• By: Adele Blair

Honour veterans by helping children understand and remember


Dear Adele,

Remembrance Day is fast upon us. What kinds of things do you think are appropriate for us to do with our children for November 11, ‘Lest We Forget’?



Dear Reflectors,

Most of our generation have been lucky enough to have never gone to war. None of us have seen the horrific acts of war played out in Canada. Most of us have never seen men and women at their worst while engaged in warfare.

Those that have gone to war have done so, not because they were warmongers but because of a heartfelt decision to enlist in order to achieve and maintain peace and freedom. November 11 is a time to really think about, recall and never forget the sacrifice of thousands of Canadians who sought that end.

We need to teach our children to be humble and grateful that Canada stepped up for two world wars, a Korean conflict, Afghanistan, and numerous peacekeeping missions. We all need to be thankful that so many serve today during difficult times across the globe.

Robert Hawley wrote an interesting article entitled ‘Celebrating Our Heroes’, and is the source of many of the facts in this column. He suggests that one of the important things to do with children is to talk to them about our true Canadian heroes. Here he is not speaking about sports figures, movie stars or rock groups. Nor is he talking about tax collectors, politicians are non-hockey playing Senators. He also is not referring to a submarine type sandwich called a hero. He is talking about real heroes, many who gave their lives for us and our country.

A good example of a real Canadian hero, according to Hawley, is Frank McGee, who was born in Ottawa, Ontario November 4, 1882. He was blind in one eye but played hockey for the Ottawa Silver Seven hockey club. He led his team to four consecutive Stanley Cup championships and was a legendary scorer, having a record of 14 goals in less than nine minutes, in one Stanley Cup game, in 1905.

But it is not the fact he was a handicapped star hockey player that makes him a hero in Hawley’s mind. It is the fact that Frank McGee enlisted in World War I, in the Canadian Army and died at the age of 33 in the battle of Courcelette. He became one of thousands of unidentified soldiers buried in France.

In Ottawa, Ontario, the Tomb of the Unknown Soldier honours more than 116,000 Canadian heroes who died or may die for their country in all conflicts, past, present and going forward. The body of the soldier buried in Plot 8, Row E, Grave 7 of the Cabaret-Rouge British Cemetery in Souchez, France, located near Vimy Ridge is our Unknown Soldier. At 11 a.m. on the 11th day of the 11th month of the year the sun shines through a window of the Memorial Hall of the War Museum in Ottawa and illuminates the headstone of Canada’s Unknown Soldier.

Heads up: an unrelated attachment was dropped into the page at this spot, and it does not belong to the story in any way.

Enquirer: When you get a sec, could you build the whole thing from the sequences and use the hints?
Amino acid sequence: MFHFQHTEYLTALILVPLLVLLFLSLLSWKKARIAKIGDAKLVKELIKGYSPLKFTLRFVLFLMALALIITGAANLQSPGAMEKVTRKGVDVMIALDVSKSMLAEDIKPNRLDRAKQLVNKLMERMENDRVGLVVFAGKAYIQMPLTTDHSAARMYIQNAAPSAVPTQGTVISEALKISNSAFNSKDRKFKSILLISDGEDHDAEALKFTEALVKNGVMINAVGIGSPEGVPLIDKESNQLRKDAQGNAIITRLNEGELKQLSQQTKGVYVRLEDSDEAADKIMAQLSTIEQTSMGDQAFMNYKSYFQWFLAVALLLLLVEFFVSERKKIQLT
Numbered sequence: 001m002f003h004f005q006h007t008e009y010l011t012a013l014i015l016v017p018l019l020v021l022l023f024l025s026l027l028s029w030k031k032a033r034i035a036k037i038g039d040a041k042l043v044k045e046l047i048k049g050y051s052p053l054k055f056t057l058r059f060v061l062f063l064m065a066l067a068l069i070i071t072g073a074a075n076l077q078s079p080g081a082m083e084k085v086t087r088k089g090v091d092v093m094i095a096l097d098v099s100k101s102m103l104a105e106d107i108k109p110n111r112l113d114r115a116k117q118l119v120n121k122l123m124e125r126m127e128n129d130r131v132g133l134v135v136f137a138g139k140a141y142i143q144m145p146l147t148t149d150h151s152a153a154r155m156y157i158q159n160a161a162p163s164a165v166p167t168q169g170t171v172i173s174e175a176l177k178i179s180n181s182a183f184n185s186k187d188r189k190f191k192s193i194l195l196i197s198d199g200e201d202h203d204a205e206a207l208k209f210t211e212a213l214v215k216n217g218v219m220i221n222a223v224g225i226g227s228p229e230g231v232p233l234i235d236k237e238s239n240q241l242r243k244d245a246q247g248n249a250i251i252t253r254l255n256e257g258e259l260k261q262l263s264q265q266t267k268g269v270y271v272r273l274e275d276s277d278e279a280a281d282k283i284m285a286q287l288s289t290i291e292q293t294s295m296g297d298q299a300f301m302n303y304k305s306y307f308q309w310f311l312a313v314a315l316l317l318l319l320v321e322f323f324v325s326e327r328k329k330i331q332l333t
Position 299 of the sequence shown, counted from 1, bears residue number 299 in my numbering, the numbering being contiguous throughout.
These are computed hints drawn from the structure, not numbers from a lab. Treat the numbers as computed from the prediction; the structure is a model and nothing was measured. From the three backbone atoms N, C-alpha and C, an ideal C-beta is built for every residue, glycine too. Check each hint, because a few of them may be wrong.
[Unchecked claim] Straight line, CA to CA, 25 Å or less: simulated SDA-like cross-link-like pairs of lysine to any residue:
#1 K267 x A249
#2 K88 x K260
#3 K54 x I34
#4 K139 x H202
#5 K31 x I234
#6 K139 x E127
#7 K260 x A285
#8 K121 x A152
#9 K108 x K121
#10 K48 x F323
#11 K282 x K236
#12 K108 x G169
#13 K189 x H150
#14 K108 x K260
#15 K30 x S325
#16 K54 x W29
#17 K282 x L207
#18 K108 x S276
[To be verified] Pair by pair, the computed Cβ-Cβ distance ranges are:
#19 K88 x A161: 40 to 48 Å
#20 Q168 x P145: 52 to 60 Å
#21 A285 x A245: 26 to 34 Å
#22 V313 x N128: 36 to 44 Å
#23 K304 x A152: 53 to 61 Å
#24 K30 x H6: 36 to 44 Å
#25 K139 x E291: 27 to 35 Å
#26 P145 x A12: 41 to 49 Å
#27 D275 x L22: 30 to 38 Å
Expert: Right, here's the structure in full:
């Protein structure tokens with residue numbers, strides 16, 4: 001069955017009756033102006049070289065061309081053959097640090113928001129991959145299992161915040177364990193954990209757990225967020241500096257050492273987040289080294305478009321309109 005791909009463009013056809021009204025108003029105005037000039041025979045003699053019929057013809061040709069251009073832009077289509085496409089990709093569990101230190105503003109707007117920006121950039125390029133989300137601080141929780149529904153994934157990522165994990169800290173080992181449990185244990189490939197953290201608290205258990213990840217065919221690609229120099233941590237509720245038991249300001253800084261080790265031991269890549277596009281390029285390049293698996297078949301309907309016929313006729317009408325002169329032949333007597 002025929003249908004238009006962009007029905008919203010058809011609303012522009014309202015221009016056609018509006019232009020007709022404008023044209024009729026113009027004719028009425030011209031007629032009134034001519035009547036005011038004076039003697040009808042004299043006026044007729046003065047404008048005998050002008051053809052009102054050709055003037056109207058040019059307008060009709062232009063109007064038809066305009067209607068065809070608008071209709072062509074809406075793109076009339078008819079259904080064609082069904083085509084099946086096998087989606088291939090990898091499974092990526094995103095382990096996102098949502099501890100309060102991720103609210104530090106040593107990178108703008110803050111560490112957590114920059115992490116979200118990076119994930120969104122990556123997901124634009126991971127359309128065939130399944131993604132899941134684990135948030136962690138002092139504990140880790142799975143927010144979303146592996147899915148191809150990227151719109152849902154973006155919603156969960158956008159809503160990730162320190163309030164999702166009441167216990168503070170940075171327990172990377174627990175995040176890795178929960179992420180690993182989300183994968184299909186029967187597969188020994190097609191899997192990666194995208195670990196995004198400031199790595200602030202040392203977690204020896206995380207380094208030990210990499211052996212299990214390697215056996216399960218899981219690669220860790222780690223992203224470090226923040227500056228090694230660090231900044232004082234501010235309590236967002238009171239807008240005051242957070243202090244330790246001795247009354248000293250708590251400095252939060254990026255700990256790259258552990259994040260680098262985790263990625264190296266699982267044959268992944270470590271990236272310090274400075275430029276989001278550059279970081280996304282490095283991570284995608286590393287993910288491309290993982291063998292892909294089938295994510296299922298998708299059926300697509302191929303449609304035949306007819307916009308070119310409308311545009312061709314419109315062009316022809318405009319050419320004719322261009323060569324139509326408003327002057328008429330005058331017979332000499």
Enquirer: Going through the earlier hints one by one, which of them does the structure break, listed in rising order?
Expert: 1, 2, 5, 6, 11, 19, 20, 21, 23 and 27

You may want to tell your children why November 11 has been chosen to remember our national heroes. It was after 5 a.m. on November 11, 1918 that Mathias Ezberger signed the armistice on behalf of Germany, to be effective at 11 a.m. The last Canadian soldier to die was private George Laurence Price of the 2nd Canadian Division who was killed at 10:58 a.m. in Belgium, on that morning.

The first Remembrance Day was in 1919 and was called Armistice Day. The name was changed to Remembrance Day in 1931. It serves to remember the more than 2,300,000 men and women who served and the more than 116,000 who died. Many nations including Canada observe Remembrance Day on November 11. Annually, Canadians observe a moment of silence on November 11. The poppy is the symbol of Remembrance Day because poppies are the flowers which grew on the battle places after World War I ended.

Listed below are a few ideas and activities which you might be able to use with your children to help them understand that we want them to learn about history so they do not repeat the mistakes of the past. Try to make them proud of the bravery of our men and women who served, our real-life heroes. Teach them to be respectful and grateful, and to not forget those who fought for our freedom and peace.

  • Introduce your child to a veteran either in person or through photos.
  • Send letters and cards of gratitude to veterans.
  • Visit the Veterans Affairs Canada website for resources including video interviews of Heroes.
  • Wear a poppy.
  • Make a wreath.
  • Do a craft with a Remembrance Day theme.
  • Search for family and friends who died while in service, at the Canadian Virtual War Memorial.
  • Watch the national ceremony on November 11, at the National War Memorial in Ottawa, in person or on television.
  • Visit the War Museum in person or virtually.
  • Visit one of the many monuments or memorials in Ottawa
  • Talk about the wars in which Canada participated.
  • Maintain two minutes of silence on November 11 at 11 a.m.
  • Suggest your child’s school participate in the Royal Canadian Legion’s annual literary and poster contest.
  • Make a peace crane and display it.
  • Talk about some Canadian heroes such as Frank McGee.
  • Visit the library and find books about Canadian heroes.
  • Watch and discuss suitable movies made about wars and battles in which Canadians participated such as ‘Passchendaele’, ‘1917’ or ‘War Horse’. (Best for the 10 and up crowd with PG)

According to the Veterans Affairs Canada website “Veterans want Canadians to understand the price of freedom. They are passing the torch to the people of Canada so the memory of their sacrifices will continue and the values they fought for will live on in all of us.”

Let us join our veterans in this goal and help our children remember on November 11, ‘Lest We Forget’.

Sincerely, Adele

I'm looking forward to your questions! Email me at maryadeleblair@gmail.com and please put Heart to Heart in the subject line. Note that all columns will remain anonymous.